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The word nonreligious theist and the poetry of the English language
08-09-2013, 12:23 AM
Post: #1
The word nonreligious theist and the poetry of the English language
Nonreligious Theist – the poetry of the English language. I came across a fascinating debate on whether a nonreligious theist really could exist. This debate reminded me of how poetic the English language can be where we have written definitions for words as well as imagery of words which is used in poetry and creative writing. The problem for someone new to a forum is to be careful about the use of a word based on our own imagery of that word. There are members of a forum who seem to take great pride in pointing out that your use differs from the actual definition. It is of course important in communication in a forum to use correct definitions to avoid confusion. This all made me try to think of an example with the definitions of nonreligious and theist in a combination. I looked at least one previous debate in this forum that talked about this but either missed could not locate an example of one. The definitions I looked up included.
1. Theist - belief in the existence of a god or gods
2. Religion – a set of beliefs concerning the cause, nature, and purpose of the universe, especially when considered as the creation of a superhuman agency or agencies, usually involving devotional and ritual observances, and often containing a moral code governing the conduct of human affairs.
The only one I could think of were examples of some of the Deists who believed in a god who set the universe in motion and has no other interaction with this world. – the idea of a clock maker with a very long lasting spring to keep it going. There were deists who still had a concept of afterlife and that god should be worshiped so not all deists fit. Most seemed frustrated with an organized religion. If there are any other examples I would like to know.
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08-09-2013, 10:09 AM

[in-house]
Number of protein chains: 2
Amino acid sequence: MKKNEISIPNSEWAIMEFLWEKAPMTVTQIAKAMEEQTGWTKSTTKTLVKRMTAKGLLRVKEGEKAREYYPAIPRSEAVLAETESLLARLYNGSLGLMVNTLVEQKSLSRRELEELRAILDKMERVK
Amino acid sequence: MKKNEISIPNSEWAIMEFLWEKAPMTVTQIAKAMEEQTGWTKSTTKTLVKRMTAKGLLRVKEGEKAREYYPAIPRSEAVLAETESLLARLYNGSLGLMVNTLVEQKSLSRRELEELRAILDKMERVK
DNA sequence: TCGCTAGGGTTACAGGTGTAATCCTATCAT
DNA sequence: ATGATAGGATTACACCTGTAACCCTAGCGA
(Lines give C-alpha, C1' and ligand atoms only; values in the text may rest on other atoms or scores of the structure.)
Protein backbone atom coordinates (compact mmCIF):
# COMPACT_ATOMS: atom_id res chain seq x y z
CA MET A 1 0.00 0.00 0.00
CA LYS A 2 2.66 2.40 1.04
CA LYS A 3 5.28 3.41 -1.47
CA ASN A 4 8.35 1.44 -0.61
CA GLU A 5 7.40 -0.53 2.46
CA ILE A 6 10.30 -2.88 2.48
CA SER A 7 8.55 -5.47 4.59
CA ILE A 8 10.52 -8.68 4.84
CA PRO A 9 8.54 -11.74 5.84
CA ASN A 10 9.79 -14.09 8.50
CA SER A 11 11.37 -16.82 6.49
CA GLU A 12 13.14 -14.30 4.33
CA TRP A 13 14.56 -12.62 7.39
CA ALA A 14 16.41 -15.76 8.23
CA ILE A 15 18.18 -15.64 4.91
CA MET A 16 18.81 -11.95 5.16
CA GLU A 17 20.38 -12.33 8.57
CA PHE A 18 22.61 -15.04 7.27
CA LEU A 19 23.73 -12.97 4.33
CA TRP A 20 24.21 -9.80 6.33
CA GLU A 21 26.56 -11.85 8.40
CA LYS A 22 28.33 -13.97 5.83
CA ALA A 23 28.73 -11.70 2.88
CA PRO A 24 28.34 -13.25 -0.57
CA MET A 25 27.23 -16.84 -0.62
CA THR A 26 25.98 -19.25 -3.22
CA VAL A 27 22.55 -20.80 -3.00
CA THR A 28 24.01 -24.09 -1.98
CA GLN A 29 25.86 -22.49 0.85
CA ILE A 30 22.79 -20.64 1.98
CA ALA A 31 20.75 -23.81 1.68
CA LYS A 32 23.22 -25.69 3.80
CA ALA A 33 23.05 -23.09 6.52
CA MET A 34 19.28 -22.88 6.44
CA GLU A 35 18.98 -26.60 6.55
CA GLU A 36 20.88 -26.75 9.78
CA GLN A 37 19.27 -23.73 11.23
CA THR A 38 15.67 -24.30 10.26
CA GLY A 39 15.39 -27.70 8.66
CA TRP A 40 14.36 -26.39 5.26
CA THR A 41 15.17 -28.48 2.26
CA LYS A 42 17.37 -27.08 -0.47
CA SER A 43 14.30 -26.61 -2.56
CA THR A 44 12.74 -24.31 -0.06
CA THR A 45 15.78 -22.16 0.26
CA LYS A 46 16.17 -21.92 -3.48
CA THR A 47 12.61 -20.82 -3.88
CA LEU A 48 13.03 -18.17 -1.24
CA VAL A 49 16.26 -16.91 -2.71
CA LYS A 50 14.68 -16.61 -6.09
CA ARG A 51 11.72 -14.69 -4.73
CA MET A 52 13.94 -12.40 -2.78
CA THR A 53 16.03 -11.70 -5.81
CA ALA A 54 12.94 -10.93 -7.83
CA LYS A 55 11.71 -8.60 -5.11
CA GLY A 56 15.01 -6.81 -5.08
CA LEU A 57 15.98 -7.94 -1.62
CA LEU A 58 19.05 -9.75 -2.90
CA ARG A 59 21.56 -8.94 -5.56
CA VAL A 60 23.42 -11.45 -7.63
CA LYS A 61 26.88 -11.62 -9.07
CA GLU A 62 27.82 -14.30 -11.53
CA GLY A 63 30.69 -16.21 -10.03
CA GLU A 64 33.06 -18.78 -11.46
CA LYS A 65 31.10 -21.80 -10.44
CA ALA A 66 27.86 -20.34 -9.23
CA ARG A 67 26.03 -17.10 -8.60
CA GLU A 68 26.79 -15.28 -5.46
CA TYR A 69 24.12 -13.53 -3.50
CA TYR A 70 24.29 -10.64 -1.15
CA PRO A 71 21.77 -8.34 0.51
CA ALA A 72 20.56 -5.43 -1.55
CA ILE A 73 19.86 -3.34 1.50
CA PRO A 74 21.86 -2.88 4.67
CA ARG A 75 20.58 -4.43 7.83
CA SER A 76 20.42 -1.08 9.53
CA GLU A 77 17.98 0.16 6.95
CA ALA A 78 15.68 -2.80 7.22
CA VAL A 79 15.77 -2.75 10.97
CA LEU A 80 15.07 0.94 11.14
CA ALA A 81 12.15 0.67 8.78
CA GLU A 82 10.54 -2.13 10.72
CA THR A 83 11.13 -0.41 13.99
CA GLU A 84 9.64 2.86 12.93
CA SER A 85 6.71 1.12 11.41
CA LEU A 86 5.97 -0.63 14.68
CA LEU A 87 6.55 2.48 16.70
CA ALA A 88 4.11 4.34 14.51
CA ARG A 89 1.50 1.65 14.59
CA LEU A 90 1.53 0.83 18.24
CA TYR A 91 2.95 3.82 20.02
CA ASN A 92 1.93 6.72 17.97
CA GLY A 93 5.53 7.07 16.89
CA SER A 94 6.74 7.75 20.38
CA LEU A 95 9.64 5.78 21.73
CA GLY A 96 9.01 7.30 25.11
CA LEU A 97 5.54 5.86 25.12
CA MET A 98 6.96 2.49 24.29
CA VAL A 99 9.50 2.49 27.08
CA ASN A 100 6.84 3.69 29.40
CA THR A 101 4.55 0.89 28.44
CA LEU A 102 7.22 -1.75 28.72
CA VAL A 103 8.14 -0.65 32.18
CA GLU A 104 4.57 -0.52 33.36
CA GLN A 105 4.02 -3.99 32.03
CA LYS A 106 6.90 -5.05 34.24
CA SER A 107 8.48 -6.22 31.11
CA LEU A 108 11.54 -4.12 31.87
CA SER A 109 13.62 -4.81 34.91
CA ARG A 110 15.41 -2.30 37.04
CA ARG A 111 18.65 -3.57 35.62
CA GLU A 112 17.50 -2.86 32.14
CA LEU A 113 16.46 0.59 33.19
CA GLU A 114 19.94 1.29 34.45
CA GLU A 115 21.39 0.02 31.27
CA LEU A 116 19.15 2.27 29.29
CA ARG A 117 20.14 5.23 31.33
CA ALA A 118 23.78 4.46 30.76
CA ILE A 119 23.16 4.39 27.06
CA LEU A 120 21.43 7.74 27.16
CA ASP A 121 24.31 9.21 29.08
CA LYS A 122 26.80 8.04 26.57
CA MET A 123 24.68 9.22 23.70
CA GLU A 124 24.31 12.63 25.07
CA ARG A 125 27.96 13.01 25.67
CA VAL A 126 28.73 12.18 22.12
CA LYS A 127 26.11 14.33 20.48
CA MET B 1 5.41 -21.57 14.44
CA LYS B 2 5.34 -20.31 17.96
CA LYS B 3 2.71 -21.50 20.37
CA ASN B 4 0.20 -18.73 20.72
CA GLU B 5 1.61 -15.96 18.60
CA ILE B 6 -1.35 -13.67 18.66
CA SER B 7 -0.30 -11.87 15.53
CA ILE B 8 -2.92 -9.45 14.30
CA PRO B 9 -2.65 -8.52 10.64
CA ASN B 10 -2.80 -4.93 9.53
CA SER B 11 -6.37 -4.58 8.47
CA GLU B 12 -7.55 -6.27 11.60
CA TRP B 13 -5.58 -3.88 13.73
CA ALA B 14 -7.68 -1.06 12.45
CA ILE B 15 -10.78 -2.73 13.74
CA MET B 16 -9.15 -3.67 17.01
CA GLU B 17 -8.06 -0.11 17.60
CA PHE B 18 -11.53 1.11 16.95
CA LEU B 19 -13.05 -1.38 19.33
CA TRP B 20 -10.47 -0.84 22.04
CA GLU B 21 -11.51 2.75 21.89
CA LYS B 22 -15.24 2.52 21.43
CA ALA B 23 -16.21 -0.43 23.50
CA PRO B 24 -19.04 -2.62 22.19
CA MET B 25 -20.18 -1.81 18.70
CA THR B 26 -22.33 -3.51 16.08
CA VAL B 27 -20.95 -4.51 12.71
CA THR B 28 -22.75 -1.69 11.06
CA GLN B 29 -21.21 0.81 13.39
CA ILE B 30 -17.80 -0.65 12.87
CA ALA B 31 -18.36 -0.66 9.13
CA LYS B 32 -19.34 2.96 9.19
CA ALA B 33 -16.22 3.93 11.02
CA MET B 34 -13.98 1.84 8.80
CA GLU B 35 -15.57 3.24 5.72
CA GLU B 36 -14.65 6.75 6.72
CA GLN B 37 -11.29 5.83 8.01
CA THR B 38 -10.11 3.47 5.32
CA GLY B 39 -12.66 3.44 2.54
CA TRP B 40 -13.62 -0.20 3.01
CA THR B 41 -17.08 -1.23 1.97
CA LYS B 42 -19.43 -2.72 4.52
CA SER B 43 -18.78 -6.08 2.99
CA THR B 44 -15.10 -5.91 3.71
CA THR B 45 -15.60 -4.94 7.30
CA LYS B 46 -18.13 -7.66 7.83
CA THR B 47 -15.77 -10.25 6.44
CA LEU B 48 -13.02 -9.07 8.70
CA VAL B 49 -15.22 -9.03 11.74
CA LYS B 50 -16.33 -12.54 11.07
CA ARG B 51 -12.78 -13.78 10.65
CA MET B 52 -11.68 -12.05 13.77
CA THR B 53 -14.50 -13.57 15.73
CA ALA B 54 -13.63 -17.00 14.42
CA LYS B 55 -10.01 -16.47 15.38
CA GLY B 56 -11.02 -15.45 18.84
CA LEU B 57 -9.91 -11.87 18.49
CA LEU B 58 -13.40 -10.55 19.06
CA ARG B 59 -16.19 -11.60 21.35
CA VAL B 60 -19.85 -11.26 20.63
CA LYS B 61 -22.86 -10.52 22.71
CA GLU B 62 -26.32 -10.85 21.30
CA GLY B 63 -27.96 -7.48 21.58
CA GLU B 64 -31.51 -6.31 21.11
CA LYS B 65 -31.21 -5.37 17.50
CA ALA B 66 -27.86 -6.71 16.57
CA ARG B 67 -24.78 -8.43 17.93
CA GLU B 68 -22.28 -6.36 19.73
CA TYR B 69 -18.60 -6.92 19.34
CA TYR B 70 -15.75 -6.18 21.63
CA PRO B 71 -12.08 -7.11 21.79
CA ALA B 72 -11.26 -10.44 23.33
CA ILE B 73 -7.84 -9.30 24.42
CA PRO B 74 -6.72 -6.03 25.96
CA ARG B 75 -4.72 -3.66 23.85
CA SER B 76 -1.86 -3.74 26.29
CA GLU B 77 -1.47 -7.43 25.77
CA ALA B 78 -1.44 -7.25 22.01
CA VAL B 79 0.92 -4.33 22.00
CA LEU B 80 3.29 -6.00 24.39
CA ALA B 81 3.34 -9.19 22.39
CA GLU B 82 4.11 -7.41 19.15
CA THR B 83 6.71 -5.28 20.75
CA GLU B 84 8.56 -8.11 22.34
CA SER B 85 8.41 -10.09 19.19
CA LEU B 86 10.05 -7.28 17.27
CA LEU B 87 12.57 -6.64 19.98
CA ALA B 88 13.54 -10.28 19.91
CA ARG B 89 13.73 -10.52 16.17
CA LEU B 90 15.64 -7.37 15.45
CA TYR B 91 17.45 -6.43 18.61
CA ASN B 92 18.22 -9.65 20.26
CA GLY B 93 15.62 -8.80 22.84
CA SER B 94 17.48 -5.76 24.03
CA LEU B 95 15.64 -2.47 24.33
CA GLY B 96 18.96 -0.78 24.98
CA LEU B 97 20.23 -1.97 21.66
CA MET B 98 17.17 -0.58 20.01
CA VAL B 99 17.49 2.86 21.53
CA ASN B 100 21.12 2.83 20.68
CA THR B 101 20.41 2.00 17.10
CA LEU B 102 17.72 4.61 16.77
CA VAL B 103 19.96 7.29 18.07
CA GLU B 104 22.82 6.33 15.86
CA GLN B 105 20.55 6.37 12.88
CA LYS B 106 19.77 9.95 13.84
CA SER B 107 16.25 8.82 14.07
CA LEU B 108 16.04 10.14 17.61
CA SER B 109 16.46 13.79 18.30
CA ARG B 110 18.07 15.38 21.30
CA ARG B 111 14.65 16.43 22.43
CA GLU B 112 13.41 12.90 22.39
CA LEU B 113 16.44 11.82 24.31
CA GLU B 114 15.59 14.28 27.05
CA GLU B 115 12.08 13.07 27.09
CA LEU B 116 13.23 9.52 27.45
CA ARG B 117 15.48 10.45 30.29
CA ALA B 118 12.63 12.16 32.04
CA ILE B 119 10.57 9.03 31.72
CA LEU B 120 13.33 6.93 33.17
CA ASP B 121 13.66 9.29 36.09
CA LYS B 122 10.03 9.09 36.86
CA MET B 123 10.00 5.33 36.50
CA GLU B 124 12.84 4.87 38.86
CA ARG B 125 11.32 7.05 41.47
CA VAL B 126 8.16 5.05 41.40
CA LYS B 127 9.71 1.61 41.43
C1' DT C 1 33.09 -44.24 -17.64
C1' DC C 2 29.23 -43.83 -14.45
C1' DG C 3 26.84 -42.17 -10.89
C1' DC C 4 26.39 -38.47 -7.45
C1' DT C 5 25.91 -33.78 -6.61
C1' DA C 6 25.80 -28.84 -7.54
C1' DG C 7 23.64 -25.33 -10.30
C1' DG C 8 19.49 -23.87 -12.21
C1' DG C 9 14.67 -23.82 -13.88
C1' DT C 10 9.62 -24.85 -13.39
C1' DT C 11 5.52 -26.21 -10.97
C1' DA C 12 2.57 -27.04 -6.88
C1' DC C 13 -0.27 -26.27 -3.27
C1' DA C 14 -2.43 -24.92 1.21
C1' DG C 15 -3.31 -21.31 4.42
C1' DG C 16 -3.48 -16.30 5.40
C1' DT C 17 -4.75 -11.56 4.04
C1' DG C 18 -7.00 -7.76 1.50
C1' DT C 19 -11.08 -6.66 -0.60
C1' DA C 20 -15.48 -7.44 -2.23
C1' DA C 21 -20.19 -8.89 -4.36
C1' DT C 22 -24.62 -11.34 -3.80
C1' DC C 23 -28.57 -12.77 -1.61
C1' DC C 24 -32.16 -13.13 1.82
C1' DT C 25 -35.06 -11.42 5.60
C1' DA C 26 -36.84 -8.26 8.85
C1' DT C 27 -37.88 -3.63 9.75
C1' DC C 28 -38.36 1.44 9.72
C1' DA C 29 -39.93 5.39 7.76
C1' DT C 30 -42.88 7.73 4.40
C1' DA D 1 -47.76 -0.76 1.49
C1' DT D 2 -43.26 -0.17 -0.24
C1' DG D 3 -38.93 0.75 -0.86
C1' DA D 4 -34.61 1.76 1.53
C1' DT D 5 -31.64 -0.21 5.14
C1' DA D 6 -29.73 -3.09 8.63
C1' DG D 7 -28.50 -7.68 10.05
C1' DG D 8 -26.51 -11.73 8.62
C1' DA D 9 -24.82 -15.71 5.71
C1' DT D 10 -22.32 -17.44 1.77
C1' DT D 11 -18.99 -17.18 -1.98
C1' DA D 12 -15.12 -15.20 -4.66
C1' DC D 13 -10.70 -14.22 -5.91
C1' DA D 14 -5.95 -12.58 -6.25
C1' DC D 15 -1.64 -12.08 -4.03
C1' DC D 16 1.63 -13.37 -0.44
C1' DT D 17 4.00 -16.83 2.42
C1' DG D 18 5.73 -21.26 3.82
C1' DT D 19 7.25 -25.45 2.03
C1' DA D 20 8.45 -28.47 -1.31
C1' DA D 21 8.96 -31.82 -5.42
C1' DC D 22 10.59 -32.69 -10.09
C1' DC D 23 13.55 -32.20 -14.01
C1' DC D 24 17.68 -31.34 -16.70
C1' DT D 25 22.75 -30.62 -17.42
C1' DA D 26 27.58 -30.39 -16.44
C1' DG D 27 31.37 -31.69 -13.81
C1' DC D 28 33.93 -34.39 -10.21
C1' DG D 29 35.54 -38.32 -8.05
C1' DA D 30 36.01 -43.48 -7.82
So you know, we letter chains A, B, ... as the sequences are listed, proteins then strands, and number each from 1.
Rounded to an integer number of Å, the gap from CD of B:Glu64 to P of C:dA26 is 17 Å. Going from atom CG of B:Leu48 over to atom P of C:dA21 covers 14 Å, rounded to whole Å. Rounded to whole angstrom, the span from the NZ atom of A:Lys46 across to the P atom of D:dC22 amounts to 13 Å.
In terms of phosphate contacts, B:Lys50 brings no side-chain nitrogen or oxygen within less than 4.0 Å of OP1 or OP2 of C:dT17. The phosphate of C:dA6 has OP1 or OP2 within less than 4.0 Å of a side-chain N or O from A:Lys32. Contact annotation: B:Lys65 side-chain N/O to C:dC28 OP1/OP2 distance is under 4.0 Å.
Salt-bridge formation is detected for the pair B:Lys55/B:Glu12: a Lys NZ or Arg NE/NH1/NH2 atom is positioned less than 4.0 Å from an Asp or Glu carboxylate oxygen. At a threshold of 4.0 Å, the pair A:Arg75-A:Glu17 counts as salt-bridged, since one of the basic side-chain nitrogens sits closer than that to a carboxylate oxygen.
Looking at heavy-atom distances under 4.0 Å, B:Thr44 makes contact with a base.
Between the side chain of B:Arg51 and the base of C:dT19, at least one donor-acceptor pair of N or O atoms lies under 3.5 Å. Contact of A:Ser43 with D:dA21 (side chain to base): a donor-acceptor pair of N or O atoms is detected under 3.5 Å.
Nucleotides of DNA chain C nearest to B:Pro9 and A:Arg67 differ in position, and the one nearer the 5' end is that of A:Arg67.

Post: #2
RE: The word nonreligious theist and the poetry of the English language
Non-religious Theists definitely exist. I've personally spoken to a number of people who say things like "I believe there is a God, but I don't really go along with what any of the Churches say", which for me would be pretty much the dictionary definition of a non-religious Theist. It actually seems to be an increasingly popular option over here, where a largely secular society sees organised religion as being a bit silly, but people still have a tendency towards a supernatural source of spirituality, and default to "God" as the most culturally standard option.
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08-09-2013, 10:18 AM
Post: #3
RE: The word nonreligious theist and the poetry of the English language
Right like Painkiller said it is anyone who believes in god but doesn't hold to any of the organized religions. A Deist could fall into this group as well in a way though not all of them would.

Going to church just isn't a big deal to some people over here like it used to be.
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08-09-2013, 01:12 PM (This post was last modified: 08-09-2013 01:17 PM by ethelwulf.)
Post: #4
RE: The word nonreligious theist and the poetry of the English language
(08-09-2013 10:09 AM)Painkiller Wrote:  Non-religious Theists definitely exist. I've personally spoken to a number of people who say things like "I believe there is a God, but I don't really go along with what any of the Churches say", which for me would be pretty much the dictionary definition of a non-religious Theist. It actually seems to be an increasingly popular option over here, where a largely secular society sees organised religion as being a bit silly, but people still have a tendency towards a supernatural source of spirituality, and default to "God" as the most culturally standard option.